ENMU faculty retiring

Eastern New Mexico University will be saying goodbye to some long-term faculty members this month as they retire from higher education and move on to fishing, traveling and quality family time.

Here's what retirees had to say about their ENMU experience and where they plan to go next:

Name: V. Scott Johnson, "Doctor J"

Position held: Professor of psychology since 1981

What is one of your most memorable experiences at ENMU?

There was an incident that occurred quite late in a semester when a usually silent, senior student raised her hand and innocently ask "Did you know that you taught my grandmother?" With that simple question came the realization that I had, in fact, had the privilege of mentoring three generations of human services providers.

What was one of the toughest things about your job and what was one of the most rewarding?

Each spring our students present their original research and as a judge, one has to rate the competitors on multiple scales. Making minuscule differentiations between shades of excellence has always been enjoyable and difficult.

The rewarding part was seeing generations of former students have returned as guest speakers and presenters in the summer crisis Intervention class.

What was one of your most unique/bizzare experiences on the job?

I was teaching a psychology 101 class when, during a midterm examination, I discovered a student with a cheat sheet. I simply said nothing and instead ate the student's answer sheet. I have often wondered what the response would have been had the student complained to my dean, saying "My teacher ate my examination."

What will you do after retirement?

I will scuba, fish or swim anytime I get the chance and enjoy a summer home and the people in the Santa Fe National Forest while spending time with my grandchildren.

What will you miss most about your job and what are you most excited about with retirement?

I will miss students, the faculty lunch bunch, fun in the classroom and getting to act out all the different disorders in my abnormal psychology classes. The most exciting thing about retirement is the adventure of discovering what it is that lies over the next hill.

Name: Elwyn Hulett

Position held: Director of Center for Teaching Excellence and associate professor of education for 17 years.

What is one of your most memorable experiences at ENMU?

Being director of the Center for Teaching Excellence for 15 years, because my work supported classroom teachers' research and professional development.

What was one of the toughest things about your job and what was one of the most rewarding?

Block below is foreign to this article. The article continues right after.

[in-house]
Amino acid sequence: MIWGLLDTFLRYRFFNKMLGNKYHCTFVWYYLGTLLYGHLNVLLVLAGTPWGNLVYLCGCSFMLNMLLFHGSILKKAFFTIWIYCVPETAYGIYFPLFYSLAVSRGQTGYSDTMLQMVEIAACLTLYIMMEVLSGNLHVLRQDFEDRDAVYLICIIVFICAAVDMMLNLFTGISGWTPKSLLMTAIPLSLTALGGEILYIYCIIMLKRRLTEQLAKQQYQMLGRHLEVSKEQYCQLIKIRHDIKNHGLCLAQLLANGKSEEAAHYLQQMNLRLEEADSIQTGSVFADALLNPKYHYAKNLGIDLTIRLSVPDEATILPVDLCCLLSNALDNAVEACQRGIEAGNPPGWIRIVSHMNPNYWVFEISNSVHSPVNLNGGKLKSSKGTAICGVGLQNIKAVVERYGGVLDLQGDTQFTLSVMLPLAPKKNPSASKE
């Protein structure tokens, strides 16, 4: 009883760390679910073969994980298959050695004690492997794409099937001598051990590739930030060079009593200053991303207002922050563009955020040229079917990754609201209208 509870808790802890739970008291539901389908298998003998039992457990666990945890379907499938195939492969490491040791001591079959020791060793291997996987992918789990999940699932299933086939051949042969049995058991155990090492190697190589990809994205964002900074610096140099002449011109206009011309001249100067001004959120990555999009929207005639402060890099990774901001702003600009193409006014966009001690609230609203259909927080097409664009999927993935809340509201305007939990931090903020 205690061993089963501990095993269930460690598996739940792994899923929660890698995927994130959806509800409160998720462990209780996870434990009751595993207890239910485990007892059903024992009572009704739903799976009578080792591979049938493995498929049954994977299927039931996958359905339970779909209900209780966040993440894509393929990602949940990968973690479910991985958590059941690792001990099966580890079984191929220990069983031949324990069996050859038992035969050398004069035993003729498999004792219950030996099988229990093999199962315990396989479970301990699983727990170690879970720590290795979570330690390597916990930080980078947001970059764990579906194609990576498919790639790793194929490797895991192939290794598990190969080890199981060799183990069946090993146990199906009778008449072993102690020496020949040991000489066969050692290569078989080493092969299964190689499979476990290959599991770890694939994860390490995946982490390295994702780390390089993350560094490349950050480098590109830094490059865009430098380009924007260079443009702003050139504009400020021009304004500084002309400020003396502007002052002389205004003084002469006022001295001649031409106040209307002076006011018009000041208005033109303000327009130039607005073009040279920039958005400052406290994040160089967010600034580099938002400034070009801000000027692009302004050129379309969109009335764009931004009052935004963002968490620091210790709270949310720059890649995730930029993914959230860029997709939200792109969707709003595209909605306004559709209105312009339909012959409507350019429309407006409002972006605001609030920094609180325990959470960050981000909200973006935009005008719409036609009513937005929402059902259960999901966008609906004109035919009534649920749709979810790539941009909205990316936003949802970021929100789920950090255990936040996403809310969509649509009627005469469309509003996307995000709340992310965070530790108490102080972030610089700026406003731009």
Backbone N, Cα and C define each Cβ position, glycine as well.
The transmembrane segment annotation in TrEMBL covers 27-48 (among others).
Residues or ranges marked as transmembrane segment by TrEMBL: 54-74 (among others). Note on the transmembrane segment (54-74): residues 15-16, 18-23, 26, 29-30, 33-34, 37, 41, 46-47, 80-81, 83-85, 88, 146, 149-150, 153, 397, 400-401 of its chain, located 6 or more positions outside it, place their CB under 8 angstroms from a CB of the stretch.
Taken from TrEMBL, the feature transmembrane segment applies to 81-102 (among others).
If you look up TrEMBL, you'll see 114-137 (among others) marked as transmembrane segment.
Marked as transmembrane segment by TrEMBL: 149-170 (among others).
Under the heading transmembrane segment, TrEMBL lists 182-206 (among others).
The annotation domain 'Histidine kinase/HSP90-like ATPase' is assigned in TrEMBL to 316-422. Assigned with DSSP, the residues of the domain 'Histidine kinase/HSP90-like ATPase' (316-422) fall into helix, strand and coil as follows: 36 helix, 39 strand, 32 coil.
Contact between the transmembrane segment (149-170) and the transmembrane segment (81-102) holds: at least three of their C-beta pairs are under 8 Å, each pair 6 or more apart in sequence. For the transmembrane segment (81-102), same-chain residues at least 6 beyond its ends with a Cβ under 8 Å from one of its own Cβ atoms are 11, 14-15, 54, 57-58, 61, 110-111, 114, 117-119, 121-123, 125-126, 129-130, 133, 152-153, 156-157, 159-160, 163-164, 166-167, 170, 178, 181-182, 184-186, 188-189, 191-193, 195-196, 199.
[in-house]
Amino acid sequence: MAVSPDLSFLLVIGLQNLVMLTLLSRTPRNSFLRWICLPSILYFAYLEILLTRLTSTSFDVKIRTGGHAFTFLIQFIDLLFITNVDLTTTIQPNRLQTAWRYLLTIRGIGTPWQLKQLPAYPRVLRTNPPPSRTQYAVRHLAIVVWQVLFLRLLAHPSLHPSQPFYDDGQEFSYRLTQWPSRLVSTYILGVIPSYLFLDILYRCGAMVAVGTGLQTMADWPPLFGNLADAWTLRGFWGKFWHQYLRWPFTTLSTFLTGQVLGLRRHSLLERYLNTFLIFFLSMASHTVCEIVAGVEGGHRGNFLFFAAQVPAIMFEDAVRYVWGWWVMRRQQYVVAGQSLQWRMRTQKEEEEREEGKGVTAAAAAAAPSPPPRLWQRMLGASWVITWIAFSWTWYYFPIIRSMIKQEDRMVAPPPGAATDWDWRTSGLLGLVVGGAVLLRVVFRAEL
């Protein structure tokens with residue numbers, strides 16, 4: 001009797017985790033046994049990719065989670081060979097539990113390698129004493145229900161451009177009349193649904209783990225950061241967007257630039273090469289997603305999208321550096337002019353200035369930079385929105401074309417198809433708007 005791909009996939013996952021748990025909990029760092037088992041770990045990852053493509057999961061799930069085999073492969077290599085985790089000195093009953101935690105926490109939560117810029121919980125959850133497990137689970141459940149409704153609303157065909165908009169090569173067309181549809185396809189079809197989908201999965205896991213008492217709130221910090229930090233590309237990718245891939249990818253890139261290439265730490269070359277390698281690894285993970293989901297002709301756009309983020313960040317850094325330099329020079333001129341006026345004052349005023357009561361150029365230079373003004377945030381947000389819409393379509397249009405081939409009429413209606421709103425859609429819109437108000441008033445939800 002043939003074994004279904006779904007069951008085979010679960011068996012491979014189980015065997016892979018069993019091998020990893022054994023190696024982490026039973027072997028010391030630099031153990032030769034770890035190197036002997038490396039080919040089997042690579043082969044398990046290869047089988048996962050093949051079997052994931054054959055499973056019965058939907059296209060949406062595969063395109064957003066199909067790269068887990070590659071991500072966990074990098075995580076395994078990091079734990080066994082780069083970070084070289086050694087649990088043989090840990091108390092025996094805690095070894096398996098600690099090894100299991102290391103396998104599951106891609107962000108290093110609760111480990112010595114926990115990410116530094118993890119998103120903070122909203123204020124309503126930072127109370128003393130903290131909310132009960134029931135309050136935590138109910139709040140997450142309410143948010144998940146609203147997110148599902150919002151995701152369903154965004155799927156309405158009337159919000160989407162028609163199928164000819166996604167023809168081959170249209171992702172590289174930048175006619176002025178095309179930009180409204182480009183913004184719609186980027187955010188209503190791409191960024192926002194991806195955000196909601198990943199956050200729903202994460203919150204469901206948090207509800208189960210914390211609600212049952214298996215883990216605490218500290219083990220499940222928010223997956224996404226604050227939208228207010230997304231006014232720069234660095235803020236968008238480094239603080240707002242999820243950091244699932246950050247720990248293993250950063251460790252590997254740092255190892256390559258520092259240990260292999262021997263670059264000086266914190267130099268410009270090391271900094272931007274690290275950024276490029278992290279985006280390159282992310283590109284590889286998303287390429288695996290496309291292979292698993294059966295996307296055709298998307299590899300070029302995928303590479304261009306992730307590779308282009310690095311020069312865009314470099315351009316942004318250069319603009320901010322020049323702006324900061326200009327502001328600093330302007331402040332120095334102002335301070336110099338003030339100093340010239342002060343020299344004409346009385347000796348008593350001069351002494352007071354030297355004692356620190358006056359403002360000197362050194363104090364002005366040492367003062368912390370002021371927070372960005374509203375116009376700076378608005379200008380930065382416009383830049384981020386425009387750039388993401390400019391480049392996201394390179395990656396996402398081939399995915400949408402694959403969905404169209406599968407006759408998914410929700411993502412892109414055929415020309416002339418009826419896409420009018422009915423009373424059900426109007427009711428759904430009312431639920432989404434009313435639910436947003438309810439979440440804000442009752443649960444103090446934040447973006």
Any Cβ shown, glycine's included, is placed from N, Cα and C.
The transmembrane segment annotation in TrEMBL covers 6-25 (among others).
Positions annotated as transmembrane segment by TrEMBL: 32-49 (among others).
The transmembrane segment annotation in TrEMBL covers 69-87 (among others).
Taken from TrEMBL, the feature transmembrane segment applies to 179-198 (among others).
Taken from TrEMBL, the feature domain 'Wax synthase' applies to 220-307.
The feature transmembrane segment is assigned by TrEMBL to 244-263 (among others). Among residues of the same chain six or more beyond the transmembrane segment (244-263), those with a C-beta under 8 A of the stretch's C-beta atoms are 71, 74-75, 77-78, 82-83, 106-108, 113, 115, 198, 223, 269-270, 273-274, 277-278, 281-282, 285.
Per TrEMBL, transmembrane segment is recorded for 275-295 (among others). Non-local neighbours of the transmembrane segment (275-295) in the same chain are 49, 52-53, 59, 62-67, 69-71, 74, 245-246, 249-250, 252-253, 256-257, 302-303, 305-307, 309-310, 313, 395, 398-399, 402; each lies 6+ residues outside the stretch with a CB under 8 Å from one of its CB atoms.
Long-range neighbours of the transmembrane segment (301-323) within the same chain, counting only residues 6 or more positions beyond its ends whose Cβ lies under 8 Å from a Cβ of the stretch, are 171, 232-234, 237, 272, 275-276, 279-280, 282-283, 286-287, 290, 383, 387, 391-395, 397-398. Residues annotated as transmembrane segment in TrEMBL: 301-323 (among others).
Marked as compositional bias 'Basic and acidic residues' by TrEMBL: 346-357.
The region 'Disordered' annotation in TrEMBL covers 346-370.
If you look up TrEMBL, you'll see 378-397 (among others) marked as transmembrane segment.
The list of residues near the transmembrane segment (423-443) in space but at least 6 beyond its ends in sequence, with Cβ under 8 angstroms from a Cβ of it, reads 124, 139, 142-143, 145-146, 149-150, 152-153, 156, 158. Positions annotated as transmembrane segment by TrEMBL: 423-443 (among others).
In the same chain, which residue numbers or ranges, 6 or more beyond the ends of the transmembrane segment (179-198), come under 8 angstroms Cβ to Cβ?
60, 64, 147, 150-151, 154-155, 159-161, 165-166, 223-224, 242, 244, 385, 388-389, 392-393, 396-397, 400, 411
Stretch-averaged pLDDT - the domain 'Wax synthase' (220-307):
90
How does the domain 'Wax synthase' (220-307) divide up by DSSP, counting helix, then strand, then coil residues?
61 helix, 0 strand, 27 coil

The toughest: Trying to advise more than 200 students.

The most rewarding: Watching advisees walk across the stage at graduation.

What was one of your most unique experiences on the job?

I developed the syllabi and wrote the proposal for approval of seven committees and departments, because I wanted ENMU to be the first New Mexico university graduate school to have national board certification as permanent graduate credit that could be used as part of a masters degree program.

What will you do after retirement?

Travel to Grand Canyon, Ariz., with my sisters and their families; an Alaska cruise and inland; a Vermont trip, including genealogy work; home improvement projects, such as remodeling family room and kitchen and adding a deck or sun room and landscaping the yard. Also, spending time with family and continuing my involvement in church and Kiwanis.

What will you miss most about your job and what are you most excited about with retirement?

I'll miss my students for teaching and advising. I'm excited about accomplishing things on my wife's and my bucket list, which includes the trip to Alaska, researching family genealogy, visiting all 50 states, and not missing special school activities where the grandchildren are involved.

Name: Francine Stuckey

Positions held: Faculty member for 37 years and the Child Development Center director for 33 of those years.

What is one of your most memorable experiences at ENMU?

As the director of the Child Development Center, one of the most memorable semesters that I experienced was when I worked daily with a teacher who was seriously ill with cancer and having the opportunity to be with someone who had such a great attitude about each day while being in a very difficult situation.

What was one of the toughest things about your job and what was one of the most rewarding?

One of my most difficult situations was my first parent meeting as director of the Child Development Center. I was younger than most of the parents. I was supporting some curriculum changes that the head teacher wanted to implement. The parents were concerned about the changes.

The most rewarding part of my job has been the people with whom I've worked and all of the interesting things that we've shared. It's nice to see former students enjoying their careers.

What was one of your most unique experiences on the job?

One of the most unique things that I've experienced is due to the fact that I've worked at Eastern for a long time. I can remember the first time that I had a former CDC child return as a student worker and another former CDC child who returned as a college lab student.

What will you do after retirement?

I plan to remain involved professionally as the 2012-13 president of the New Mexico Family and Consumer Sciences Association. In my personal life, I hope to have more time for volunteer work with families and children. My husband and I have made some interesting travel plans too.

What will you miss most about your job and what are you most excited about with retirement?

I'll miss the interactions with people at work. I love interesting questions from students in courses.

I'm looking forward to a more flexible schedule. I think that the flexibility and free time will be a nice change.

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